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The Underground Railroad

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The Underground Railroad

Despite the name, the Underground Railroad was not really a railroad. The Underground Railroad refers to the attempt to assist people held in bondage in the south of North America to escape from slavery. It was not a fluke that this organization was called the Underground Railroad. Steam railroads had just materialized and the terms used to describe the people who helped and the fugitives were related to the railroad. Fugitive slaves were called "parcels" and "passengers", the helpers were the "conductors", the people who provided their homes as refuge were called "stationmasters," and the homes were referred to as "depots" or "stations".

The elimination of slavery had been a concern for anti-slavery advocates since the start of slavery. The first abolitionist society was organized in 1775, in Pennsylvania. From then on abolitionists actively tried to free slaves and notify the public about the evil of slavery. Eventually, individual anti-slavery advocates directly assisted in fugitive escapes. Soon advocates became aware of the others who were also helping and this is how the secret organization was formed.

The Underground Railroad was mainly active from 1830 to 1860 and developed in non-compliance of the Fugitive Slave Acts. The United States forbids any efforts to slow down the capture of runaway slaves. A stronger version of this law was passed in 1850: Fugitives could not testify on their own behalf, nor were they allowed a trial by jury. Heavy penalties were imposed on federal marshals who refused to enforce the law. Individuals who helped slaves escape were fined and put in jail. The laws, known as the Fugitive Slave Acts, were so difficult, that a reaction occurred: The number of abolitionists increased, the function of the Underground Railroad became more efficient, and new personal-freedom laws were passed in many Northern states. The acts were repealed in 1864.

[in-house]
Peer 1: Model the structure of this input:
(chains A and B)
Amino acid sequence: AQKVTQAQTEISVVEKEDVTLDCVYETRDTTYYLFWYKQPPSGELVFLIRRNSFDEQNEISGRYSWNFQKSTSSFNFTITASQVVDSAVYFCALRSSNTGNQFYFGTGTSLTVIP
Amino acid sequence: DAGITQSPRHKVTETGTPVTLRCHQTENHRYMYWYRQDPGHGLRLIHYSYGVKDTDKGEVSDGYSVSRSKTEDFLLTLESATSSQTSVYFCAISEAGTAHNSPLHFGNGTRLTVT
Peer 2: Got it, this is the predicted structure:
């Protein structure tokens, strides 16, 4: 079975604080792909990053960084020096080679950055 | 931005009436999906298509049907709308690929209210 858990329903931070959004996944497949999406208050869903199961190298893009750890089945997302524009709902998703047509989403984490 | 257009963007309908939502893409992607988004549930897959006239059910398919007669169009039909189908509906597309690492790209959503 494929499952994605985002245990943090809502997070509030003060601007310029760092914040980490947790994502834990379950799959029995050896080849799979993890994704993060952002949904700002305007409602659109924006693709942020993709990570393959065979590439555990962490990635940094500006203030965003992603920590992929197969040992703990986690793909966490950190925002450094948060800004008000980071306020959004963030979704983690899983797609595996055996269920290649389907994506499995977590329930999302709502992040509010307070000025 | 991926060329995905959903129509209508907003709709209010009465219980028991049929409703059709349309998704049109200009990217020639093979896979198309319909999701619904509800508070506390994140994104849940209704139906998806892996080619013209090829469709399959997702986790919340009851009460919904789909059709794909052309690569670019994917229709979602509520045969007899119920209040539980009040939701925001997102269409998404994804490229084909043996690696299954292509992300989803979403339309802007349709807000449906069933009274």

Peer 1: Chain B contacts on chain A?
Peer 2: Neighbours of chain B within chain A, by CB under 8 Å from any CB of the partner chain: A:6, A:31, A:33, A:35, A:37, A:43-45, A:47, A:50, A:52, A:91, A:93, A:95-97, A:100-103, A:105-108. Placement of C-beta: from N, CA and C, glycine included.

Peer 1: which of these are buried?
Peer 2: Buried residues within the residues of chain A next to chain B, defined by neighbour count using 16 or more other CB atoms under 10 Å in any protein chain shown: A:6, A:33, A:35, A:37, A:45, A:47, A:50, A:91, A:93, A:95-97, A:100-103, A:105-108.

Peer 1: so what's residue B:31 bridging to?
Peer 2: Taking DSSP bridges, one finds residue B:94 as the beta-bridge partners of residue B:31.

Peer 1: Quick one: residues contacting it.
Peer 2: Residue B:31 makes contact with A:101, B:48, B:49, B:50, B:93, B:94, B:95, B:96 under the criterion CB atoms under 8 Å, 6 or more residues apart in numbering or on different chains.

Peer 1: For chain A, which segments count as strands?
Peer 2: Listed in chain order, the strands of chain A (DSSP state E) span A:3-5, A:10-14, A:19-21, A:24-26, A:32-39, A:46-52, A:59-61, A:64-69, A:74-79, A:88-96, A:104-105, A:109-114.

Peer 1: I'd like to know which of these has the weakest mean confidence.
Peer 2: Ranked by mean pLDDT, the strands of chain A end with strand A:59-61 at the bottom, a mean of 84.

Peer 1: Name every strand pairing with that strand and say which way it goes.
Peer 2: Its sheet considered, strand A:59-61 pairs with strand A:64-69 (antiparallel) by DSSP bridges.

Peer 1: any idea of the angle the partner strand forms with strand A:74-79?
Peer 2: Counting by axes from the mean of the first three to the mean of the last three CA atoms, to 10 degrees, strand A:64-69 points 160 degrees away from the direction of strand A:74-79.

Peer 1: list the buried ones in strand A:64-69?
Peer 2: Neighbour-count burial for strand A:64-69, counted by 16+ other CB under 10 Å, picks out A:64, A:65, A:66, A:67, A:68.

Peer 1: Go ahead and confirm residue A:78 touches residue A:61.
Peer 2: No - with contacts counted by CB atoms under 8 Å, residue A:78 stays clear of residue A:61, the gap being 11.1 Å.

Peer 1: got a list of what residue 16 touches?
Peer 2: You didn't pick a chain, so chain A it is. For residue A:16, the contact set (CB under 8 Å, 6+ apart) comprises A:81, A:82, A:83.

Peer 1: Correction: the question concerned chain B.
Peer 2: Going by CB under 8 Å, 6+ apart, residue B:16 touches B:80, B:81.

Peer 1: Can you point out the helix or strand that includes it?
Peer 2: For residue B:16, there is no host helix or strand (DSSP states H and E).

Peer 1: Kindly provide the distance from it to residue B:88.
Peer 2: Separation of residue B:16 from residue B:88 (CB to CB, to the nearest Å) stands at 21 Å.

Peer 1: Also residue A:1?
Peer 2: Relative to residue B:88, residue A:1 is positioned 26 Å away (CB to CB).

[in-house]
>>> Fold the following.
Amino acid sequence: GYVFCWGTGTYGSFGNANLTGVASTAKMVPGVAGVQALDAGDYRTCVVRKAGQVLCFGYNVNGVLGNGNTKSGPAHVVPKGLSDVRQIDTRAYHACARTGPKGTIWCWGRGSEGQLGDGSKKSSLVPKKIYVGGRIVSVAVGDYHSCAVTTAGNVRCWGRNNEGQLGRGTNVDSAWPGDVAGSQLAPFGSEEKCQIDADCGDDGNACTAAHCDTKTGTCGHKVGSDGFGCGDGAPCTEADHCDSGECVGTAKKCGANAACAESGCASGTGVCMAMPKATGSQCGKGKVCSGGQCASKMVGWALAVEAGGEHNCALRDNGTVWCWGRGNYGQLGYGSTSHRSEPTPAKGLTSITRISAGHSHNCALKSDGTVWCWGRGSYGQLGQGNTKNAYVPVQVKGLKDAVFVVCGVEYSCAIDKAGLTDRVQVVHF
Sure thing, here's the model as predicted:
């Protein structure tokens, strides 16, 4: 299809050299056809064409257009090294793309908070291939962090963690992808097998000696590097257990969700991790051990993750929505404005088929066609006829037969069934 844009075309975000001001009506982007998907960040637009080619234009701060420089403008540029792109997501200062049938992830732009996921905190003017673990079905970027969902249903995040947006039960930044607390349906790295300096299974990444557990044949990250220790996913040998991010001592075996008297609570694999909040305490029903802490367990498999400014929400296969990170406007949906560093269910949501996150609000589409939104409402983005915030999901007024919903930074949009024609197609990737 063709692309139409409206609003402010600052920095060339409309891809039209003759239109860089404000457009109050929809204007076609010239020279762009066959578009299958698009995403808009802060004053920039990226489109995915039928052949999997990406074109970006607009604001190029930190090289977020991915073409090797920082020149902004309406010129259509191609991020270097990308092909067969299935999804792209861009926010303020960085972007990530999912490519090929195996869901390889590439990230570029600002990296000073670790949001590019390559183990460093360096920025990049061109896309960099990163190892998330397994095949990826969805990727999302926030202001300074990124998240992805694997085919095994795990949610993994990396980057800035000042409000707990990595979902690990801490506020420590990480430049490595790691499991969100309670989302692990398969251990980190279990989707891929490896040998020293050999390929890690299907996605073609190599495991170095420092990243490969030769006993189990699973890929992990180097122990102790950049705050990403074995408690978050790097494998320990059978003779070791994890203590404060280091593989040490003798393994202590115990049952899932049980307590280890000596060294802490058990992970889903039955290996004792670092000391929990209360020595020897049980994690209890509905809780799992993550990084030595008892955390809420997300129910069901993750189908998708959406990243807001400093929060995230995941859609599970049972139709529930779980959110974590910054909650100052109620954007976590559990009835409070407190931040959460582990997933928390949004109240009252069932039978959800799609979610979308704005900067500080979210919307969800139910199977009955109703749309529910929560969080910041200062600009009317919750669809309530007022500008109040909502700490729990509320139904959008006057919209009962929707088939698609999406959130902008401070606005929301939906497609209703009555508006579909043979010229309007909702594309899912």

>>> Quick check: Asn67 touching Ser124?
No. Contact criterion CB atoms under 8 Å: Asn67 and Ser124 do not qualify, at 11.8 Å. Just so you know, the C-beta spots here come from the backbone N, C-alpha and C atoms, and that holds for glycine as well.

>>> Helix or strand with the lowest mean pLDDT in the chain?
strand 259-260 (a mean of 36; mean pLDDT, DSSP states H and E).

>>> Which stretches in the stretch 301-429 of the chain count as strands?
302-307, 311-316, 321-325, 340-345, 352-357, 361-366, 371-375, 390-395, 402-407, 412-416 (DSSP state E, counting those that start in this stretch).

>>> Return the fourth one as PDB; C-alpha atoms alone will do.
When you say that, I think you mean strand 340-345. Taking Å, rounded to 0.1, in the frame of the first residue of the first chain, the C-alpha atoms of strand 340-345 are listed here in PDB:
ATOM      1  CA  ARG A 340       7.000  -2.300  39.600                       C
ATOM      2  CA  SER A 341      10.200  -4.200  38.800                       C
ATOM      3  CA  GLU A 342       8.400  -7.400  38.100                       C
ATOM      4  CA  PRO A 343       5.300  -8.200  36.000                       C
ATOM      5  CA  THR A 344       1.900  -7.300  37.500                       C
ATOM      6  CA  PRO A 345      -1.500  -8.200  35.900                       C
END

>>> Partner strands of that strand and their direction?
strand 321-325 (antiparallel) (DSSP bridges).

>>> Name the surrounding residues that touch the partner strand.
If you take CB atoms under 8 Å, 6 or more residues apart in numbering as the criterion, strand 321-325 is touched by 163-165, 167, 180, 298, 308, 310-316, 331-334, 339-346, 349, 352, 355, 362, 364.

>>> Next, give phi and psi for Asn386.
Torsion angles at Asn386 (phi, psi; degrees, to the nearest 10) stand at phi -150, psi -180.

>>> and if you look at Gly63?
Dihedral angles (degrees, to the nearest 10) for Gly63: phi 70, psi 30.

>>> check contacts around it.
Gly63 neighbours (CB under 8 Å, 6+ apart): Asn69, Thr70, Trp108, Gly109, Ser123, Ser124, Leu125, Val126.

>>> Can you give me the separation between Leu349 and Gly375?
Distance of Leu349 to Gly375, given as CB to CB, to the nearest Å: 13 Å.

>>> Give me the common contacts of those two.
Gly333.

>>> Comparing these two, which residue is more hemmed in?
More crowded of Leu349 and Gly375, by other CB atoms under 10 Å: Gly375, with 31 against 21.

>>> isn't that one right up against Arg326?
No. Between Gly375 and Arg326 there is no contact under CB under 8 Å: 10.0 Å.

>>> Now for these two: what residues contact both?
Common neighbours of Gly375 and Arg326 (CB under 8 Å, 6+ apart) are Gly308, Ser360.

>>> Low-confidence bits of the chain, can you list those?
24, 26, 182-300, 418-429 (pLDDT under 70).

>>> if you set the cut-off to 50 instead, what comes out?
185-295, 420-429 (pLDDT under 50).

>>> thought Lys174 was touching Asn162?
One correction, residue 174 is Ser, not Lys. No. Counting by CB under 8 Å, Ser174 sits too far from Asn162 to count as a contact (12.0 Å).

Assistance was provided mainly by free blacks, including Harriet Tubman, and goodhearted people, church leaders, and abolitionists. Its existence produced support for the antislavery cause and convinced Southerners that the North would never allow slavery to remain accepted. Famous conductors of the Underground Railroad included James Fairfield, a white abolitionist who went into the Deep South and rescued enslaved African Americans by posing as a slave trader. In 1849, Harriet Tubman was a slave and escaped from her master in Bucktown, Maryland, took the train and became known as "Moses" to people, when she made many trips to the South and helped deliver at least 300 captives to freedom. African American abolitionist, John Parker frequently ventured to Kentucky and Virginia and helped transport hundreds of runaways across the Ohio River by boat. African American abolitionists Levi Coffin, who was the President of the Railroad, William Still, Robert Purvis, and David Ruggles, also helped free slaves.